2) I had procrastinated about taking down the earlier version of this blog, but I went there the other day and found out that somebody had hacked in and inserted a bunch of ads for fancy handbags. So, I finally took it down.
So, today's lesson is: if you have a website or a blog, take a look at it from time to time. You can't tell what kind of problems might have been developing in your absence.
3) As I mentioned here, I bought and read The Egyptian Cross Mystery by Ellery Queen, mostly because I unintentionally took an idea from it. I found that it was undoubtedly the inspiration for one aspect of "The Church Mystery," but it's not actually that good (meaning the book, not the idea). Clever, but not convincing. This is not surprising, since the really good EQ novels came later.
There was also a clue which was similar to the clue of the medicine cabinets in "The Hospital Mystery," but I don't think that was a direct inspiration. It's more that the hospital case was inspired by The Dutch Shoe Mystery, another early Ellery Queen book, and the solution is very typical of EQ, in that it's categorical rather than individual.
For example, it was typical of Agatha Christie to put a group of suspects together in a fairly restricted area, and then solve the mystery person-by-person, based on their individual attributes. Quite often, Queen would start with a much larger pool of suspects (a whole city, potentially), and then analyze the murderer's attributes in terms of categories (male or female, employee or guest, aware of a certain fact or not, etc.) until only one person was possible.
I have been wondering why Ellery Queen and Rex Stout (who wrote the Nero Wolfe mysteries) are such a particularly big influence on this project. I just figured out one reason this week, which is that their books are not particularly tied to their eras. Queen wrote from the 1930s through the 1960s, Stout from the 1940s (possibly the very late 1930s) through the 1970s, but you can read any of the books and forget whether it's early or late in the series. For example, The Egyptian Cross Mystery features a group of sun-worshiping cultists who follow a leader who thinks he's the emissary of Egyptian gods, and they all spend most of their time naked. I was surprised when one of the characters (not naked) traveled to a crime scene on the running board of a car, since it reminded me that this book was written in the 1930s, not the 1960s.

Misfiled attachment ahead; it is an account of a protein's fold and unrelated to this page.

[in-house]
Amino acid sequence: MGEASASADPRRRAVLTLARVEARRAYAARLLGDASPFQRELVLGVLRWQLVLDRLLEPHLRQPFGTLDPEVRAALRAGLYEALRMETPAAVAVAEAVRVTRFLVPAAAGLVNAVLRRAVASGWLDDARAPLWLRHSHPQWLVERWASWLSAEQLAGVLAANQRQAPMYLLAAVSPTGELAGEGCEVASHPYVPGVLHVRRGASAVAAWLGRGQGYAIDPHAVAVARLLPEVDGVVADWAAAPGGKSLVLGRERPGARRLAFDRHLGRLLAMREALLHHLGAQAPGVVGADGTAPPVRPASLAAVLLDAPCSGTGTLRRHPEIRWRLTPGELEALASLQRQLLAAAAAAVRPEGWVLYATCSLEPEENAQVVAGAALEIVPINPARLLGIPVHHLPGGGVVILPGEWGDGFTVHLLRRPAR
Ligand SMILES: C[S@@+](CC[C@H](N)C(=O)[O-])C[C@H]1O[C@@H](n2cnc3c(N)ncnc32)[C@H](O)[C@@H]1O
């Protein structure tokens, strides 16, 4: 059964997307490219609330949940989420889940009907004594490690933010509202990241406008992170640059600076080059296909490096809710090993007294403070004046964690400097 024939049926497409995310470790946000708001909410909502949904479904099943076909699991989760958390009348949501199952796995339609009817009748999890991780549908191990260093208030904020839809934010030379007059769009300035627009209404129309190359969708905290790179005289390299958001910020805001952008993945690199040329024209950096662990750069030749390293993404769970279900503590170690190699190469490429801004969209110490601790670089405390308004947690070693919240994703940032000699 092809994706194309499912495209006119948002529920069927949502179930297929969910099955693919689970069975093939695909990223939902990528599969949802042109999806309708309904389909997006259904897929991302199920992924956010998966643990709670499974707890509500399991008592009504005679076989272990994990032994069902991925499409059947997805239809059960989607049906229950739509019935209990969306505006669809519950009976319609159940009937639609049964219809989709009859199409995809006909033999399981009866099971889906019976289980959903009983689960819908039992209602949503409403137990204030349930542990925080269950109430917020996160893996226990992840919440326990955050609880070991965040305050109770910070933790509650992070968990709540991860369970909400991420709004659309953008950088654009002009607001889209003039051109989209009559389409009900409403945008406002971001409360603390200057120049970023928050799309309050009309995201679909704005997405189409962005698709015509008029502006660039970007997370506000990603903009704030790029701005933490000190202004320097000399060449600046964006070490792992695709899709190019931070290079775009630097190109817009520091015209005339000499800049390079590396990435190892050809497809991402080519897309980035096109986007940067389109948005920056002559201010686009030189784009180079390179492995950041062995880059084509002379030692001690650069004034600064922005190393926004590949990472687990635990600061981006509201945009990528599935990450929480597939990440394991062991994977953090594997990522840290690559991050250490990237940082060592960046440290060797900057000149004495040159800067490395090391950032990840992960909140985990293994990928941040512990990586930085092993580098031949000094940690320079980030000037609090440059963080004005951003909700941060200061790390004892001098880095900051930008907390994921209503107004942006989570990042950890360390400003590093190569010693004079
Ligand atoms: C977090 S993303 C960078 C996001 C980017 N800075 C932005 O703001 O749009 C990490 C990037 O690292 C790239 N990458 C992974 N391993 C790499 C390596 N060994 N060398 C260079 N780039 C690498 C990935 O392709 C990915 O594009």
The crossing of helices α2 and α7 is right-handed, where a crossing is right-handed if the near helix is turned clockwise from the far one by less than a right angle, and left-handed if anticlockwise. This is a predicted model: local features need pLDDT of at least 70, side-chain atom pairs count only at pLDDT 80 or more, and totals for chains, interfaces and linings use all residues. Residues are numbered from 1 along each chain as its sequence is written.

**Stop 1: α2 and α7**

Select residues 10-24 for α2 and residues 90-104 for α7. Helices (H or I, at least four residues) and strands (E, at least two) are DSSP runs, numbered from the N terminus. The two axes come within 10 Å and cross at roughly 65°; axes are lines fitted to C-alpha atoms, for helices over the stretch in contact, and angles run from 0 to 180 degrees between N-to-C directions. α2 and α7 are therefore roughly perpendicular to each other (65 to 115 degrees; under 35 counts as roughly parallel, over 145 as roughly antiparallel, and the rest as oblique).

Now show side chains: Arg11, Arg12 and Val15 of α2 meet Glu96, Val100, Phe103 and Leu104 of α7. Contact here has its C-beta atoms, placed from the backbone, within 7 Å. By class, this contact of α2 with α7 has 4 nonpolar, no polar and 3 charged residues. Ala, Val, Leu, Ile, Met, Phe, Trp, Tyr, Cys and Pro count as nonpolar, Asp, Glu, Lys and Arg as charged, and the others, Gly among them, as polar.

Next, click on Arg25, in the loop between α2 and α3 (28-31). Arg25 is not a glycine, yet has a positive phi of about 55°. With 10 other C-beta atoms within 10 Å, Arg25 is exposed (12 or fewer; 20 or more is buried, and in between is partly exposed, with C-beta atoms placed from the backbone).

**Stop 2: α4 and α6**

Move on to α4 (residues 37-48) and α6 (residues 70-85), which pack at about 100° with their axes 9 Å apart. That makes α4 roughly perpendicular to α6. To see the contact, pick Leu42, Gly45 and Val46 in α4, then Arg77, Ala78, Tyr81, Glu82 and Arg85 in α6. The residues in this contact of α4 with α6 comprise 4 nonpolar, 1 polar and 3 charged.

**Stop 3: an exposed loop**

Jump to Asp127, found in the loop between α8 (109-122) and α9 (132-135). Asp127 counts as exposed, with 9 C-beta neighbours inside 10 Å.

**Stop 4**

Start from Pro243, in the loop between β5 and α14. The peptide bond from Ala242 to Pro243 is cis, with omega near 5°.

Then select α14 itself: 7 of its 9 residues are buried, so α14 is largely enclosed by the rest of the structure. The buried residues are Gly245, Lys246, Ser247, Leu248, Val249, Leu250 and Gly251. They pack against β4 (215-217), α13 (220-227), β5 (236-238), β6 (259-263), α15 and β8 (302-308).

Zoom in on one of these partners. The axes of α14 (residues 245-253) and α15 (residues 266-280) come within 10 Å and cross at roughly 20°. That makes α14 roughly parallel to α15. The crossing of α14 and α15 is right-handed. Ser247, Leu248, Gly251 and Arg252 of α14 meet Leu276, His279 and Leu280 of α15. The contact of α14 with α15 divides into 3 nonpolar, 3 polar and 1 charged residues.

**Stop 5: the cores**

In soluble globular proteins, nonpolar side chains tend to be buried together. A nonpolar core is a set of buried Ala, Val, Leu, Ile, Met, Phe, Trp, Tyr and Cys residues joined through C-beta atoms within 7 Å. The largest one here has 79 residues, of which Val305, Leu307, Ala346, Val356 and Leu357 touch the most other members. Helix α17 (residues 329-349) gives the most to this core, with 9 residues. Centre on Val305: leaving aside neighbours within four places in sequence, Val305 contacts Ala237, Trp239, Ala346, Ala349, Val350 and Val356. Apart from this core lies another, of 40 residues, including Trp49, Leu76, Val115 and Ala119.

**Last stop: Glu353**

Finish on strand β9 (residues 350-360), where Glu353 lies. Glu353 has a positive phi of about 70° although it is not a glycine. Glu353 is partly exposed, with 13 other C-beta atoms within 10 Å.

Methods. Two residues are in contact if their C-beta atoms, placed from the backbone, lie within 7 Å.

You can never read about Sherlock Holmes or Philo Vance and forget when the stories are set. Each series is rooted in a very particular time and place.
I should mention that Jan Sleet quotes Holmes from time to time ("Come, Marshall, the game's afoot!" "the curious incident of the dog in the nighttime," "a man like you, with your experience of women which extends over many nations and three separate continents"), but this is her doing the quoting, not me. She is, as she makes clear, very consciously inspired by Holmes.